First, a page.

No new ground was broken at the hearing by the House Highways and Transit Subcommittee. Chairman Peter DeFazio, D-Ore., supports the CSA 2010 effort, calling it "an evolutionary change for the better," but at the same time acknowledged concerns in the trucking and enforcement communities about details such as timing, data quality and funding.
One of DeFazio's top concerns is the agency's plan to roll out the program this fall, before it receives the complete analysis of the testing phase of CSA 2010 that has been conducted in a number of pilot states. That analysis, which is being prepared by the University of Michigan Transportation Research Institute, is due in December. The program had been scheduled for launch in July but the agency recently pushed the start date back until November.
Ferro explained that the agency believes that through the pilot test in nine states it has enough information to justify getting the program under way in November. The testing process has produced data that validates this approach, she said.
"We have been able to use these findings to verify the process," she said. "We have strong confidence in the system and the validity of the system, but are still working on fine tuning."
DeFazio followed up with the observation that 41 states are not fully plugged into the system yet and will face implementation challenges. "I'm not certain this is a realistic timeline," he said.
Ferro replied that the fundamental process the agency and the states use to enforce FMCSA rules is not changing. What's new is how the data will be used, and the agency has been making progress in improving the quality of its data.
That point was seconded by Steve Keppler, interim executive director of the Commercial Vehicle Safety Alliance, which represents the enforcement community. "Ninety five to 100 percent of the data is accurate," he told DeFazio. The data-gathering system has been improved through cooperative effort between FMCSA and state safety enforcement agencies, he said.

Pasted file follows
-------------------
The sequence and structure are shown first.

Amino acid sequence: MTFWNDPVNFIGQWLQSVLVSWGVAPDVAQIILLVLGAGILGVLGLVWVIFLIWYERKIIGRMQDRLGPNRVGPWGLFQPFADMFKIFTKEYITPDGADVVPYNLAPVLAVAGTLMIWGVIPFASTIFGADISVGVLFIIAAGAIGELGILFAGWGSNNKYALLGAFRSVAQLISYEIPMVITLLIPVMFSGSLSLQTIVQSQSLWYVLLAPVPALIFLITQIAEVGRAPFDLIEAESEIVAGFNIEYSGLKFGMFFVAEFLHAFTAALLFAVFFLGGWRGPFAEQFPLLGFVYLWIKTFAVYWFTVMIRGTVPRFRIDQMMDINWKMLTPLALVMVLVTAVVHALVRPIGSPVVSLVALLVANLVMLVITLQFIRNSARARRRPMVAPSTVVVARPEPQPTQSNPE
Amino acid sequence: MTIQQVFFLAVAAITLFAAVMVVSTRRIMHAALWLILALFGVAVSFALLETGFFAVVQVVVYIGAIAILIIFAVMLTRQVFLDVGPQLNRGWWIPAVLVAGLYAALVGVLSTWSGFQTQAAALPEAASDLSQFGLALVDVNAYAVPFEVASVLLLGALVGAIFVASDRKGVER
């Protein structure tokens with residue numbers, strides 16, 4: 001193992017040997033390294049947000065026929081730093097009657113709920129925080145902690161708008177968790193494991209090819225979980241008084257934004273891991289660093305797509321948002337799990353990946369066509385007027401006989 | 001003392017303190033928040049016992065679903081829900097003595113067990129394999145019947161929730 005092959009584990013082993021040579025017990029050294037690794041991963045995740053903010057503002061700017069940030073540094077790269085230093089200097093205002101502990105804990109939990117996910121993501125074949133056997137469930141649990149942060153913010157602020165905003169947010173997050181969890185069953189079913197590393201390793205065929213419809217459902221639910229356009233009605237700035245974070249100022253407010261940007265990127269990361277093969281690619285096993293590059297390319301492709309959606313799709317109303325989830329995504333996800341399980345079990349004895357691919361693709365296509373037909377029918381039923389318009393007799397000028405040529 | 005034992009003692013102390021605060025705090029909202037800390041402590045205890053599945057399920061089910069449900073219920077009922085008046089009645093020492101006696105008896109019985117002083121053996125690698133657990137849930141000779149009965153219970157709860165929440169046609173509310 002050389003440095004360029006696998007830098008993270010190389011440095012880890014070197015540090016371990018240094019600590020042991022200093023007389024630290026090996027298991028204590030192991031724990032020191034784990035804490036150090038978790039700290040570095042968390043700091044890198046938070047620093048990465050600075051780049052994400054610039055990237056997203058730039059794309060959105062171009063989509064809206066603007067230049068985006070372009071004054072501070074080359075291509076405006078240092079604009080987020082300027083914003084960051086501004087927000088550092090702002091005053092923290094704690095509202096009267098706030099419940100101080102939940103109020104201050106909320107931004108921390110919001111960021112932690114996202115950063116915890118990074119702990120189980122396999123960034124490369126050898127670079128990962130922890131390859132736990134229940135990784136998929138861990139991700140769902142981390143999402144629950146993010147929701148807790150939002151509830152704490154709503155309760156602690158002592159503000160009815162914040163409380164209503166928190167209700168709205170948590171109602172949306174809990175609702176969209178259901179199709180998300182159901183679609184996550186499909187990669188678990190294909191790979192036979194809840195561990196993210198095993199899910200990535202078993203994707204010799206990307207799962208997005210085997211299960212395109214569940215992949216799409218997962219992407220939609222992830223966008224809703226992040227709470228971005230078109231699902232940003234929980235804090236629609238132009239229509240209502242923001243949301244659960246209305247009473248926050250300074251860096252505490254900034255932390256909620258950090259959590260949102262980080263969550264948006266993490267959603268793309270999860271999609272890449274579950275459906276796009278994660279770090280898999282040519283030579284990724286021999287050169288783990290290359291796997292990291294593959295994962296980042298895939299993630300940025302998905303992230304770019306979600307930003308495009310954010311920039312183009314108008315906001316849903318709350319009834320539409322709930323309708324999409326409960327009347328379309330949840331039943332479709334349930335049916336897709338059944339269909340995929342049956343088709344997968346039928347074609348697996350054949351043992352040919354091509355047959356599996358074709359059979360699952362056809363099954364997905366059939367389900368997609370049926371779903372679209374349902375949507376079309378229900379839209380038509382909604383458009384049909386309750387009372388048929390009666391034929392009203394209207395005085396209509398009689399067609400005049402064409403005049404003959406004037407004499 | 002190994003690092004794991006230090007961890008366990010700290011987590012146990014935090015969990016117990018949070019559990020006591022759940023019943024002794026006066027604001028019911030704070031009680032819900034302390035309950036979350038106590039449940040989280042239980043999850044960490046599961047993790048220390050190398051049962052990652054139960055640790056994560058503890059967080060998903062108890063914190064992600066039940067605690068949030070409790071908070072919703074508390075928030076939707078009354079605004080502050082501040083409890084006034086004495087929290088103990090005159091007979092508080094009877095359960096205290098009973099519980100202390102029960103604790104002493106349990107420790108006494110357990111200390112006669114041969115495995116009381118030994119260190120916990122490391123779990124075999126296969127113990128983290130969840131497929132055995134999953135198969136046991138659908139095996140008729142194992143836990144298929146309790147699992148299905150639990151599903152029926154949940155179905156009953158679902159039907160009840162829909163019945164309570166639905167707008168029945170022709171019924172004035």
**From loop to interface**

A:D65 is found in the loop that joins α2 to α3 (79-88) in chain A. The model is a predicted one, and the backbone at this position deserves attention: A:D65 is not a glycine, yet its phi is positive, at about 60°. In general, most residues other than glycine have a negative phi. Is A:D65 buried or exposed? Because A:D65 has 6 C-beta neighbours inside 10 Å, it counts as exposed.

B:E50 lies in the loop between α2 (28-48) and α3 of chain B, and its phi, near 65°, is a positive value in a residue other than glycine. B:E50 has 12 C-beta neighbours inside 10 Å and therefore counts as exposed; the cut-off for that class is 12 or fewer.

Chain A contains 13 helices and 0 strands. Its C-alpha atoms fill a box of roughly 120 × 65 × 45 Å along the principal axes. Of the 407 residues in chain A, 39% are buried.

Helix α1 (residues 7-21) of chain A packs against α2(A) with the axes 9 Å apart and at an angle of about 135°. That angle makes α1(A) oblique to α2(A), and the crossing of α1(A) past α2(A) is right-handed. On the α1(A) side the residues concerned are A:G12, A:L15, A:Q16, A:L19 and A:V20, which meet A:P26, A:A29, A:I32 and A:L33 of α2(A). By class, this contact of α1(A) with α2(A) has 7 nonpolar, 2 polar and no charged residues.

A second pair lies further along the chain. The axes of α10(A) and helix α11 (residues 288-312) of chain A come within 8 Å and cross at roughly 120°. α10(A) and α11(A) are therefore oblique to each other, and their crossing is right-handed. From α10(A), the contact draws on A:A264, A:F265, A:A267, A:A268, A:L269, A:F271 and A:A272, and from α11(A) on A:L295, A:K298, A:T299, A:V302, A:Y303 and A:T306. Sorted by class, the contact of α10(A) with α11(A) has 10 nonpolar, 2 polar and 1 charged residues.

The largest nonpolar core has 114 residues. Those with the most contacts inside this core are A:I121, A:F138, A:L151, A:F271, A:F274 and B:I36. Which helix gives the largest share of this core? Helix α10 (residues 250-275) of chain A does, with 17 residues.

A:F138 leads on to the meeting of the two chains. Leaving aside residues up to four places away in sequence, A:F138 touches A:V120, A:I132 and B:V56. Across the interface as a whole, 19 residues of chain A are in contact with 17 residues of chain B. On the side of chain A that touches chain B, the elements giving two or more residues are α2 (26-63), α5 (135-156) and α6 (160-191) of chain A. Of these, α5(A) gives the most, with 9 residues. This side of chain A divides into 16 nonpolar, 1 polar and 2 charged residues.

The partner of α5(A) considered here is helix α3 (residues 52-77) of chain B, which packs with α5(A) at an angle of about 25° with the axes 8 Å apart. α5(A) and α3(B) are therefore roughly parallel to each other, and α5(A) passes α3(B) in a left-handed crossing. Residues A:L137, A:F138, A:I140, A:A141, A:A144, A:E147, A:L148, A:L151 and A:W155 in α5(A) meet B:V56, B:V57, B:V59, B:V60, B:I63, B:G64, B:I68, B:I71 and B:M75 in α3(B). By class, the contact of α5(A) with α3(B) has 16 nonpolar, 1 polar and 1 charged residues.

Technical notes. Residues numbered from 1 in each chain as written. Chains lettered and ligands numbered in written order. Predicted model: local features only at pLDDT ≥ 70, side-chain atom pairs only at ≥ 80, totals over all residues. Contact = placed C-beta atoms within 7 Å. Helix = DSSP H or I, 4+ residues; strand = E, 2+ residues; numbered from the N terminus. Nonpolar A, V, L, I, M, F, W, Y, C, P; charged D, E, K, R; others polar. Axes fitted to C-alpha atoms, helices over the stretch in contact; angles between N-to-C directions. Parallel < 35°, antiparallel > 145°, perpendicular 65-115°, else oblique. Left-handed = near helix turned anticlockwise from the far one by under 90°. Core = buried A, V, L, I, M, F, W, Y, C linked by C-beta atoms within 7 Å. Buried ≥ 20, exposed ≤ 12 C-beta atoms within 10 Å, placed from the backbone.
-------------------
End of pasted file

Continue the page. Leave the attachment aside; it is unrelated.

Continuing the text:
Another issue that has been a sticking point for trucking interests was raised by Keith Klein, executive vice president and chief operating officer of Transport Corporation of America, who spoke on behalf of American Trucking Associations.
Klein showed a dramatic video clip of a tractor-trailer going over a cement median wall and overturning into the oncoming lane of traffic - a horrific accident at high speed. At first it appeared that the truck was at fault but a closer look, he explained, shows that the truck is being forced out of the lane by an automobile.
Under FMCSA's current CSA 2010 system, this accident would enter the system without recognition that it was not the carrier's fault. ATA has been pressing the agency to come up with a way to recognize the difference between preventable and non-preventable accidents in its performance measurement system.
Ferro repeated the agency's longstanding assertion that crash data, irrespective of fault, are a legitimate indicator of safety performance in the future. But at the same time, she said, the agency recognizes the problem of crash accountability and will analyze a carrier's data for fault if the carrier's safety fitness rating comes into question.
In response to a question from Rep. John Duncan, R-Tenn., Klein said that 26 percent of TCA's accidents last year were preventable.
DeFazio also expressed concern about whether FMCSA has the funding to implement the new program. The agency has requested money for 50 additional people in its 2011 budget, which may or may not be approved, but as Keppler of CVSA pointed out, the state enforcement agencies will inevitably incur costs that the FMCSA budget will not cover.
Ferro said the agency has been looking for more money in its federal grants under the Motor Carrier Safety Assistance Program to help with these costs.
Look for more coverage of CSA 2010, including fleets' experience with reviewing their safety data on the FMCSA website and in the next issue of HDT.